Some Aspects of Efficacy and Residues of Maneb and Mancozeb in Selected Vegetables
S.Ramasamy, (1991) Some Aspects of Efficacy and Residues of Maneb and Mancozeb in Selected Vegetables. Masters thesis, Universiti Pertanian Malaysia.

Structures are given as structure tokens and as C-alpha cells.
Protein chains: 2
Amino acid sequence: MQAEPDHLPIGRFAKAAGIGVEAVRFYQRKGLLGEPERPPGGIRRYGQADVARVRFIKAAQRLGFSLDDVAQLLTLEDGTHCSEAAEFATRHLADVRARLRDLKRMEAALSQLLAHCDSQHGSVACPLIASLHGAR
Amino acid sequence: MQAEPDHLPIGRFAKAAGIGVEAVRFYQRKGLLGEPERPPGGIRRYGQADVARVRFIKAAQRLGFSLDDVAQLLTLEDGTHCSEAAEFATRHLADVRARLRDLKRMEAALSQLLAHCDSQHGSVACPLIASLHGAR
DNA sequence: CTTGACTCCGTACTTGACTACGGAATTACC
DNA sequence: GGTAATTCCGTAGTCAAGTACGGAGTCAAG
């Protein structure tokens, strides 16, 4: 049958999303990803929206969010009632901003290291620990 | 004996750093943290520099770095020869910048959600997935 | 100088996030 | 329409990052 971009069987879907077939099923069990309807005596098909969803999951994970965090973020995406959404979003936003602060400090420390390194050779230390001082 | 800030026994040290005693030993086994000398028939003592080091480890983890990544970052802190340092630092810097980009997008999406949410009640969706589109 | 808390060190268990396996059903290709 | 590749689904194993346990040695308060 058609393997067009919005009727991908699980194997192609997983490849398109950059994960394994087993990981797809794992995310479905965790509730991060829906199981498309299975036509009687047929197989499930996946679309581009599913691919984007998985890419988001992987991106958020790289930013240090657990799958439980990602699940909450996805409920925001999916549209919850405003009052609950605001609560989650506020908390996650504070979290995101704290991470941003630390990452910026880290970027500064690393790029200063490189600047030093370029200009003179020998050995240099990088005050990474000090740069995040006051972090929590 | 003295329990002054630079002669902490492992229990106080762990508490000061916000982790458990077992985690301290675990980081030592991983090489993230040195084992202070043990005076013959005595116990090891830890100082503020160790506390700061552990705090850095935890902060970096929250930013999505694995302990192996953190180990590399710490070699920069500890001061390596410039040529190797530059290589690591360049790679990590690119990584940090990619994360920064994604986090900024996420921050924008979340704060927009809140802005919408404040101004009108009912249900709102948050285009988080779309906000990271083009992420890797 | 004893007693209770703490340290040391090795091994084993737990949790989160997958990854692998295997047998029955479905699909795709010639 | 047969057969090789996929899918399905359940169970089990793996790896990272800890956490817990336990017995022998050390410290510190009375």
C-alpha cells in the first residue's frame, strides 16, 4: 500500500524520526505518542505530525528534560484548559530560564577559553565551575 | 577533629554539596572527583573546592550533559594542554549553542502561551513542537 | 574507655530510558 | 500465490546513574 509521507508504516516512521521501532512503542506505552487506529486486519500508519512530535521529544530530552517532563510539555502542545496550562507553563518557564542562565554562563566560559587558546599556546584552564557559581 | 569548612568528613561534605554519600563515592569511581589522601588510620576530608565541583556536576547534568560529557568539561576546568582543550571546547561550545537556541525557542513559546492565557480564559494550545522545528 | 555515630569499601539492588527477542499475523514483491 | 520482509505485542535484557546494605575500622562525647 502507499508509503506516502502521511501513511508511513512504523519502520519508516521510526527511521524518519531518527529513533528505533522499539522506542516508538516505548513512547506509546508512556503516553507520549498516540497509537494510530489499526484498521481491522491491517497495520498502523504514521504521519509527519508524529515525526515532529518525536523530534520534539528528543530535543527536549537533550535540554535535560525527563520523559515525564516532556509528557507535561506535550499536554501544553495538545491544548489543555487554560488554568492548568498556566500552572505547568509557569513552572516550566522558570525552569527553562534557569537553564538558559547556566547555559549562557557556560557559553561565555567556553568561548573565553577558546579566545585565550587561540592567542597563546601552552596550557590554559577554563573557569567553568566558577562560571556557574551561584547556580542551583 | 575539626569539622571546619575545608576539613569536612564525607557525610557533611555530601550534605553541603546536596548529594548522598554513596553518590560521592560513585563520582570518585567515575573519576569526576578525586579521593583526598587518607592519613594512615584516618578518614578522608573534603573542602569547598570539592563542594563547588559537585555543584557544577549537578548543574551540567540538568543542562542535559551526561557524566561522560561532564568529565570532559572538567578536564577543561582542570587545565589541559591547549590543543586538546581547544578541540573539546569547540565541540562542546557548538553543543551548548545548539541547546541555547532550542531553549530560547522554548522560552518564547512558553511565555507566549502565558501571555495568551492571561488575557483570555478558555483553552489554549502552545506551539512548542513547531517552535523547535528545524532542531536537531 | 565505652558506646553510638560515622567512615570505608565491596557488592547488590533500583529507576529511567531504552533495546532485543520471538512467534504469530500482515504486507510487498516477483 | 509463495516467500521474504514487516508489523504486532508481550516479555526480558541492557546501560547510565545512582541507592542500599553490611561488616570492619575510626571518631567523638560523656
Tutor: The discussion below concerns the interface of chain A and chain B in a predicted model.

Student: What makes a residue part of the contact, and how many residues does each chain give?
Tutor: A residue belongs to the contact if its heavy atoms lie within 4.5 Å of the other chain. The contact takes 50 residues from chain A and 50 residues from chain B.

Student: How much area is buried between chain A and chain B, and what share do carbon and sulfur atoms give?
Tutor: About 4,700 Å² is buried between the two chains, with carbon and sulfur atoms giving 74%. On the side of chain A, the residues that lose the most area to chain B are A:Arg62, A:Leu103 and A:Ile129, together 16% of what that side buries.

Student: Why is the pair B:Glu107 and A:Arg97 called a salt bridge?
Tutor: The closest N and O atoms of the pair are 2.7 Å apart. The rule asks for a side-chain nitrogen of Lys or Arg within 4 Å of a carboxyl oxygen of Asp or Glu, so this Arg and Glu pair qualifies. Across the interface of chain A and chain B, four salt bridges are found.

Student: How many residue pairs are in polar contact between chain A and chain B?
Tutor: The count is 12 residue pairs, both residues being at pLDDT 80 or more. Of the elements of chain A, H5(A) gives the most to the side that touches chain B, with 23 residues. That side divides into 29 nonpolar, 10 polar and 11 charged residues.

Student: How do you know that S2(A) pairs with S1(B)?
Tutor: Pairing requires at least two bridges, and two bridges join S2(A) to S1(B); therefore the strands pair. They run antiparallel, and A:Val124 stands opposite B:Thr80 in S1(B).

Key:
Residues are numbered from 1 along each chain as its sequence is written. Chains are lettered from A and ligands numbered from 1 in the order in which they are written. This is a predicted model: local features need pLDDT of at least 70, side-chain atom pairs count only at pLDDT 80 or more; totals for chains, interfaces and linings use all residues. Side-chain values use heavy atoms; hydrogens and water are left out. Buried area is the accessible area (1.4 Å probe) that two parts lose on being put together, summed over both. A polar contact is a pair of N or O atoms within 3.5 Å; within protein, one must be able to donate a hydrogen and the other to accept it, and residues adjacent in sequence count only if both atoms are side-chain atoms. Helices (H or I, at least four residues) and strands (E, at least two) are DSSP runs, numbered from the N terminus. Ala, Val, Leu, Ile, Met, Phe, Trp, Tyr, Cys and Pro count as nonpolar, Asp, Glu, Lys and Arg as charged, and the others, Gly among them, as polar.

The use of the fungicides, maneb and mancozeb on selected leafy and fruit vegetables was studied with the view to ascertain their efficacy and degradation of their residues on these crops. The phenology of these vegetables and the disease problems encountered were also verified. Most of the test crops were prone to disease infection if not treated with suitable fungicides. Spinach was susceptible to downy mildew infection while spring onion was predisposed to leaf blight and leaf tip dieback. In leaf mustard and garland chrysanthemum, however, no serious disease infection was encountered. Fruit vegetables were susceptible to several serious diseases. Tomato had early blight, late blight, Fusarium wilt and anthracnose. Cucumber was Infected by downy mildew and anthracnose while chilli was prone to anthracnose, Sclerotium wilt and mosaic virus infection. Maneb and mancozeb when used weekly at recommended rates of 0.27% a.i and 0.2% a.i. respectively were reasonably effective against diseases of leafy vegetables. In tomato, recommended rates of these fungicides, applied at 4-day intervals, gave reasonable control of late blight. In tomato, weekly applications were Ineffective for late blight control especially during high disease pressure. However, reasonable control was achieved at 4-day intervals. In cucumber, downy mildew infection was effectively reduced by the application of these fungicides. Similarly, anthracnose infection on chilli fruits was checked with these fungicides applied weekly at recommended rates. Residues of maneb and mancozeb in spinach exceeded the maximum residue limit of 5 ppm at harvest even when last treated 2 weeks before harvest. In leaf mustard and spring onion, a 14 day PHI appeared a prudent recommendation with these fungicides. This was not a serious problem in tomato and cucumber as even after 3 days the amount detected was less than 1 ppm in all the treatments. Hence a 3 day PHI can be recommended for these crops. In chilli, however, 3-day intervals were insufficient as about 10 ppm was still detected. A 14 day PHI appeared more prudent. Other fungicides such as chlorothalonil, propiconazole or metiram could be used in place of maneb and mancozeb before harvest.
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